There are three main types of investments:
- Cash equivalent
You can invest in any or all three investment types directly or indirectly by buying mutual funds. Another option is to invest in tax-deferred options, such as an IRA or annuity.
Companies sell shares of stock to raise money for start-up or growth. When you invest in stocks, you're buying a share of ownership in a corporation. You're a shareholder.
There are two types of stock:
- Common stock. Shareholders have a percentage of ownership, have the right to vote on issues affecting the company and may receive dividends.
- Preferred stock. Shareholders are generally entitled to dividends at specified intervals and in predetermined amounts, but they don’t typically have voting rights.
Investment returns and risks for both types of stocks vary, depending on factors such as the economy, political scene, the company's performance and other stock market factors.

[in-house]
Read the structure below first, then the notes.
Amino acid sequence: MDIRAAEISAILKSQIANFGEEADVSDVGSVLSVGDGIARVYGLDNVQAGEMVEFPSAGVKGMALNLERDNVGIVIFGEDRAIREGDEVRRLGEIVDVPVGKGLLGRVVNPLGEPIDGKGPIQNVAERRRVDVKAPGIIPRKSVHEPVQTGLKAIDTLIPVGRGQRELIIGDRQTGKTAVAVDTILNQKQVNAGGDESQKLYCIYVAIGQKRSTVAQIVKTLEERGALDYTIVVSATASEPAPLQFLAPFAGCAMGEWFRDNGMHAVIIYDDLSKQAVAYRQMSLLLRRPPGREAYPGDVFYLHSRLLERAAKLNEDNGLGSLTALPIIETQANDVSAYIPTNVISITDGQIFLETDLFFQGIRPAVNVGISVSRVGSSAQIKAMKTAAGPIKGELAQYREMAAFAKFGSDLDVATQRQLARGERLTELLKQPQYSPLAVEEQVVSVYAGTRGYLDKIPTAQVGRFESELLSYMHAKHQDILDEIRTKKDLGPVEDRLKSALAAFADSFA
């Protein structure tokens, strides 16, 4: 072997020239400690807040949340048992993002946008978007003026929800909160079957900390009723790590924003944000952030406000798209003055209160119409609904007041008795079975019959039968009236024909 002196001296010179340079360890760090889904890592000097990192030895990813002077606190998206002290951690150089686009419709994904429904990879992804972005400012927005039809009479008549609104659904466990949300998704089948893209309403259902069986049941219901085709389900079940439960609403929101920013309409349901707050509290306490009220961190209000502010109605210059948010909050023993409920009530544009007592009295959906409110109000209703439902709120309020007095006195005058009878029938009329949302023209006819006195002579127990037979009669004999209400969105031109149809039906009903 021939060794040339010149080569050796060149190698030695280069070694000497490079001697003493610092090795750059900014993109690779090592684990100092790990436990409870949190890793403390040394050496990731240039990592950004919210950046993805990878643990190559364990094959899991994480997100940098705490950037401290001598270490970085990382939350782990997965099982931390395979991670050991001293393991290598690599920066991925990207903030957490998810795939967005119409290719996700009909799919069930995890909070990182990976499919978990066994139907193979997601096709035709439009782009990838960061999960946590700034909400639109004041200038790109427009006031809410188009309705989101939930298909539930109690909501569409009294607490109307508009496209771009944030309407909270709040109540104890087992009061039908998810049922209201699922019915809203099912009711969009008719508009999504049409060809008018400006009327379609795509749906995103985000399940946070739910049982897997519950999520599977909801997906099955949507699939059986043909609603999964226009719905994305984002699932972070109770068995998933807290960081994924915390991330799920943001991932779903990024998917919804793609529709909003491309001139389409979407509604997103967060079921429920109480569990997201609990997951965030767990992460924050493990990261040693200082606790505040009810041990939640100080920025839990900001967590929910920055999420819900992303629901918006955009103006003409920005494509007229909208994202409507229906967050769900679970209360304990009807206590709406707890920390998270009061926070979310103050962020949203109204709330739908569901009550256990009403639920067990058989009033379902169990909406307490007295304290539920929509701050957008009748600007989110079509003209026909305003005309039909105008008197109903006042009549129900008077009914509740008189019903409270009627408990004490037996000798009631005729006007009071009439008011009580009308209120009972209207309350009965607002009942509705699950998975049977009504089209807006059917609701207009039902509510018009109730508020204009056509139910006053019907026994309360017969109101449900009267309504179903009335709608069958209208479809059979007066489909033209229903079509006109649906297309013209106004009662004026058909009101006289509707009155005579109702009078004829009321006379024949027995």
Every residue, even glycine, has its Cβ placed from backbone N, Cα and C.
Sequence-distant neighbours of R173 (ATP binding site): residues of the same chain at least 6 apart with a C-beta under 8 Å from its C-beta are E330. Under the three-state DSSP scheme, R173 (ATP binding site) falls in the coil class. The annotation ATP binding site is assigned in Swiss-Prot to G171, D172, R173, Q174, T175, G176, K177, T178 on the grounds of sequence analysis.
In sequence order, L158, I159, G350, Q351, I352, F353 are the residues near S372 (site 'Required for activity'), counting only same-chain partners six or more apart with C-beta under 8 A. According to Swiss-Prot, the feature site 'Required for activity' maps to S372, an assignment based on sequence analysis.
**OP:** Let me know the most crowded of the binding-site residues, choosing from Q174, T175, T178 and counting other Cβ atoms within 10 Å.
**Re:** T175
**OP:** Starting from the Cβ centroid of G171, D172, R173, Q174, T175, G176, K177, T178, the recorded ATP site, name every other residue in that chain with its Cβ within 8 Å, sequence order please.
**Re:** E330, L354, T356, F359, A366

When you buy a bond, you’re lending money to a company or governmental entity, such as a city, state or nation.
Bonds are issued for a set period of time during which interest payments are made to the bondholder. The amount of these payments depends on the interest rate established by the issuer of the bond when the bond is issued. This is called a coupon rate, which can be fixed or variable. At the end of the set period of time (maturity date), the bond issuer is required to repay the par, or face value, of the bond (the original loan amount).
Bonds are considered a more stable investment compared to stocks because they usually provide a steady flow of income. But because they're more stable, their long-term return probably will be less when compared to stocks. Bonds, however, can sometimes outperform a particular stock's rate of return.
Keep in mind that bonds are subject to a number of investment risks including credit risk, repayment risk and interest rate risk.
Cash equivalent investments protect your original investment and let you have access to your money. Examples include:
These different types of investments generally deliver a more stable rate of return. But cash equivalent investments aren't designed for long-term investment goals such as retirement. After taxes are paid, the rate of return is often so low that it doesn't keep pace with inflation.